The Next Great American Consumer

Infants to 3-year-olds: They're a new demographic marketers are hell-bent on reaching

In her Pulitzer Prize-winning novel A Visit From the Goon Squad, author Jennifer Egan paints a satirical picture of a dystopian future where pop music is marketed to pre-verbal consumers called “pointers” who make purchases with their own handheld devices. Is that where we’re headed?

“We’re raising a generation of children who are bored unless they’re in front of a screen,” adds Susan Linn, director of the Campaign for a Commercial-Free Childhood. “There’s no credible evidence that babies learn anything useful from screen media.” (In 2009 the organization sued Disney’s Baby Einstein over the claim that its “developmental and entertainment” videos and toys for babies and toddlers were educational. Linn and her group claimed victory when Disney offered refunds for Baby Einstein products, acknowledging that the line does not, in fact, make babies smarter as advertised.)


In a policy paper for the American Academy of Pediatrics, Strasburger, who’s a professor of pediatrics at the University of New Mexico School of Medicine, writes that “children under the age of 7 are psychologically defenseless against advertising.” In Sweden, in fact, all advertisements aimed at children under the age of 12 have been banned. In 1750 B.C. the Babylonian Code of Hammurabi made it a crime to sell anything to a child, punishable by death. (Granted, the ancient Babylonians also made it a crime for a son to strike his father, punishable by having his hands cut off.)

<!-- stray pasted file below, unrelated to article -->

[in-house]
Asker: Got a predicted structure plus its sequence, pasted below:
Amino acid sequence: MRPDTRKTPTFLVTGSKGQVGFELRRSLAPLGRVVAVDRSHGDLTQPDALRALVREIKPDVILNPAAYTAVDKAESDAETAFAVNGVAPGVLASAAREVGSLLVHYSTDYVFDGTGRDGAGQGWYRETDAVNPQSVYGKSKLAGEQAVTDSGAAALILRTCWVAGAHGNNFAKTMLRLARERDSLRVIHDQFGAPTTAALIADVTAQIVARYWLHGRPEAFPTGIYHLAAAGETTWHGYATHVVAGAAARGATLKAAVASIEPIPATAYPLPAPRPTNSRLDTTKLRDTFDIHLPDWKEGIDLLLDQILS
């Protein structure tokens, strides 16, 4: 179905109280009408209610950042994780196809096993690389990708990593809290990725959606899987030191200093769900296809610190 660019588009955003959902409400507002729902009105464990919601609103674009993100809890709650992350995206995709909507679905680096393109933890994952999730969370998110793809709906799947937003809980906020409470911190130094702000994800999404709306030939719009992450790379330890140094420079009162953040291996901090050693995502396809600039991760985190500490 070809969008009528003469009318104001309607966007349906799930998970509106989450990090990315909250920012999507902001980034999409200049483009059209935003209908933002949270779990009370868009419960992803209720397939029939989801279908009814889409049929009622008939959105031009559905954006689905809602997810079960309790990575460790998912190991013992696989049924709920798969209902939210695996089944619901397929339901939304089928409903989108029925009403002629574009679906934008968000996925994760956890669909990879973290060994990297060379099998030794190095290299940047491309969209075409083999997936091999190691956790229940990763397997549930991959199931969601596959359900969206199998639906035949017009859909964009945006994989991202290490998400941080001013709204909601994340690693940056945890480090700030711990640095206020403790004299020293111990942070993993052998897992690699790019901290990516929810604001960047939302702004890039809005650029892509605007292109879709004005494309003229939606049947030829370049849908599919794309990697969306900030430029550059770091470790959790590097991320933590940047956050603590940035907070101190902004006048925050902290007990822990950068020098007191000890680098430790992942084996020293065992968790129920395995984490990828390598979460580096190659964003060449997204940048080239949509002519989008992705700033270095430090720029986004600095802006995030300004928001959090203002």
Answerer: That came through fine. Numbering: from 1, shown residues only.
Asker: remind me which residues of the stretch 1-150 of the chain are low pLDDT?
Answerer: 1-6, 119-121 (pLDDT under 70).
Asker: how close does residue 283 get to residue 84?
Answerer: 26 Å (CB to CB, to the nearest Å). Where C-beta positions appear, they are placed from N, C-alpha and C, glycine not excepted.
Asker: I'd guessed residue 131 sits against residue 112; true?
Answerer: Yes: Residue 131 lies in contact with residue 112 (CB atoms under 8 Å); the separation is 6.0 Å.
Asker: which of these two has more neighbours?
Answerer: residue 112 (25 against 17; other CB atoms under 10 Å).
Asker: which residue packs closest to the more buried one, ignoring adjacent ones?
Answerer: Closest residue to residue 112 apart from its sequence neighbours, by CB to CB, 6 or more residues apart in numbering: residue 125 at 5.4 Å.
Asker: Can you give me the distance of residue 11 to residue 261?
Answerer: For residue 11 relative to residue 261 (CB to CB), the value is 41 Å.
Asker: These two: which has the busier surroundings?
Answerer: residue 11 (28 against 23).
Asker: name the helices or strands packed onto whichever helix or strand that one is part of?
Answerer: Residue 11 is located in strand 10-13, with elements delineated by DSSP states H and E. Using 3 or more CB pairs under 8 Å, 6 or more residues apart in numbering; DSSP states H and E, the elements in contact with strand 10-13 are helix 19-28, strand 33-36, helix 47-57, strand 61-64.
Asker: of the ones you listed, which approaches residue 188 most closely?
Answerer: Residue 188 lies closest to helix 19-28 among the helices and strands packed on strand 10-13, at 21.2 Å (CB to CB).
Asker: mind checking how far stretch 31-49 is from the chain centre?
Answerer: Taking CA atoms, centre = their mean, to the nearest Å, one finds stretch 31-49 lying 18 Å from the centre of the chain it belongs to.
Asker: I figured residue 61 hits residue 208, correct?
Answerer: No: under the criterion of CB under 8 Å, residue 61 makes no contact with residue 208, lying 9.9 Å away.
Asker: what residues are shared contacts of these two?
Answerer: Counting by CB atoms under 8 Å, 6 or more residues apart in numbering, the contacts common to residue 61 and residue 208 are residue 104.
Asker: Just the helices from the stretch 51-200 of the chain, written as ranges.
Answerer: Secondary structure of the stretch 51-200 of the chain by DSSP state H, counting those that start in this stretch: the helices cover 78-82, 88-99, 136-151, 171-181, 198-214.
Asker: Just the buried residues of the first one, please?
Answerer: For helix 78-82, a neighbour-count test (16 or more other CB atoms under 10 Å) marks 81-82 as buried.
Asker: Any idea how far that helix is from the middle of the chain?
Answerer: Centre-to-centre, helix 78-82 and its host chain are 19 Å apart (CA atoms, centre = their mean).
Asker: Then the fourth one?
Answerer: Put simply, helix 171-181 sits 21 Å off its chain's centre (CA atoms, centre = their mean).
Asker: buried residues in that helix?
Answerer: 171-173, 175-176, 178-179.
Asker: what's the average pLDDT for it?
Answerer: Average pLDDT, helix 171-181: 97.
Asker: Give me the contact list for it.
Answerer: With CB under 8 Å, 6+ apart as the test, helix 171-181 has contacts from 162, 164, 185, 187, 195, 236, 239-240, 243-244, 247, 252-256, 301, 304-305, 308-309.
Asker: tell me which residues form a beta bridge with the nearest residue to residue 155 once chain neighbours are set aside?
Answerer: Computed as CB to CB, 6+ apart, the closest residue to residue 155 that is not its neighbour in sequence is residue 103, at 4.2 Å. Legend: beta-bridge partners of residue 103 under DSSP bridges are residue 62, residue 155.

But lest you think it’s just hand-wringing watchdogs and helicopter parents doing the tongue clucking here, one of the hottest advertising executives of the last generation has also called for a moratorium. Alex Bogusky, founding partner of Crispin Porter + Bogusky and now founder of the consumer think tank FearLess Cottage, recalls passing a McDonald’s with his kids when they were toddlers. Without ever having been to the fast-food chain, his children (now 12 and 15) told him they loved it and wanted to go—and all because of the restaurant’s advertising, he says, which focused on the toys and Ronald.

“Probably most of us have been in the car and had your kids be, like, ‘I want to go to McDonald’s, I want to go to Burger King,’ wherever. And basically you get in a fight over it,” he tells Adweek. “I don’t think that consumers are thinking it through. The fight you’re getting in is between you, your kid, and some MBA who has developed a relationship and a conversation with your child. I don’t know why we feel like it would be such a mistake to say, ‘You know what? We won’t advertise to kids.’”

But targeting younger and younger kids, as can be seen by the dollars pouring into the coffers of these brands, does not bother all parents.

“Although I’m not a huge fan of buying my kids products drenched in licensed characters, if it makes my life easier as a parent, then I’m all for it,” says Kristen Chase, an Atlanta, Ga.-based mother of four and co-editor of the popular parenting blogs Cool Mom Picks and Cool Mom Tech. “I owe Transformers underpants to tear-free potty training. And Dora bandages seem to make boo-boos better much quicker than the plain ones.”

Julie Robichaux, a Montpelier, Vt., mother of two who runs the blog A Little Pregnant, refuses to get too worked up over the fight for her kids’ attention. “Until someone sends my 3-year-old a credit card and takes him shopping without me,” she says, “I don’t much care one way or the other.”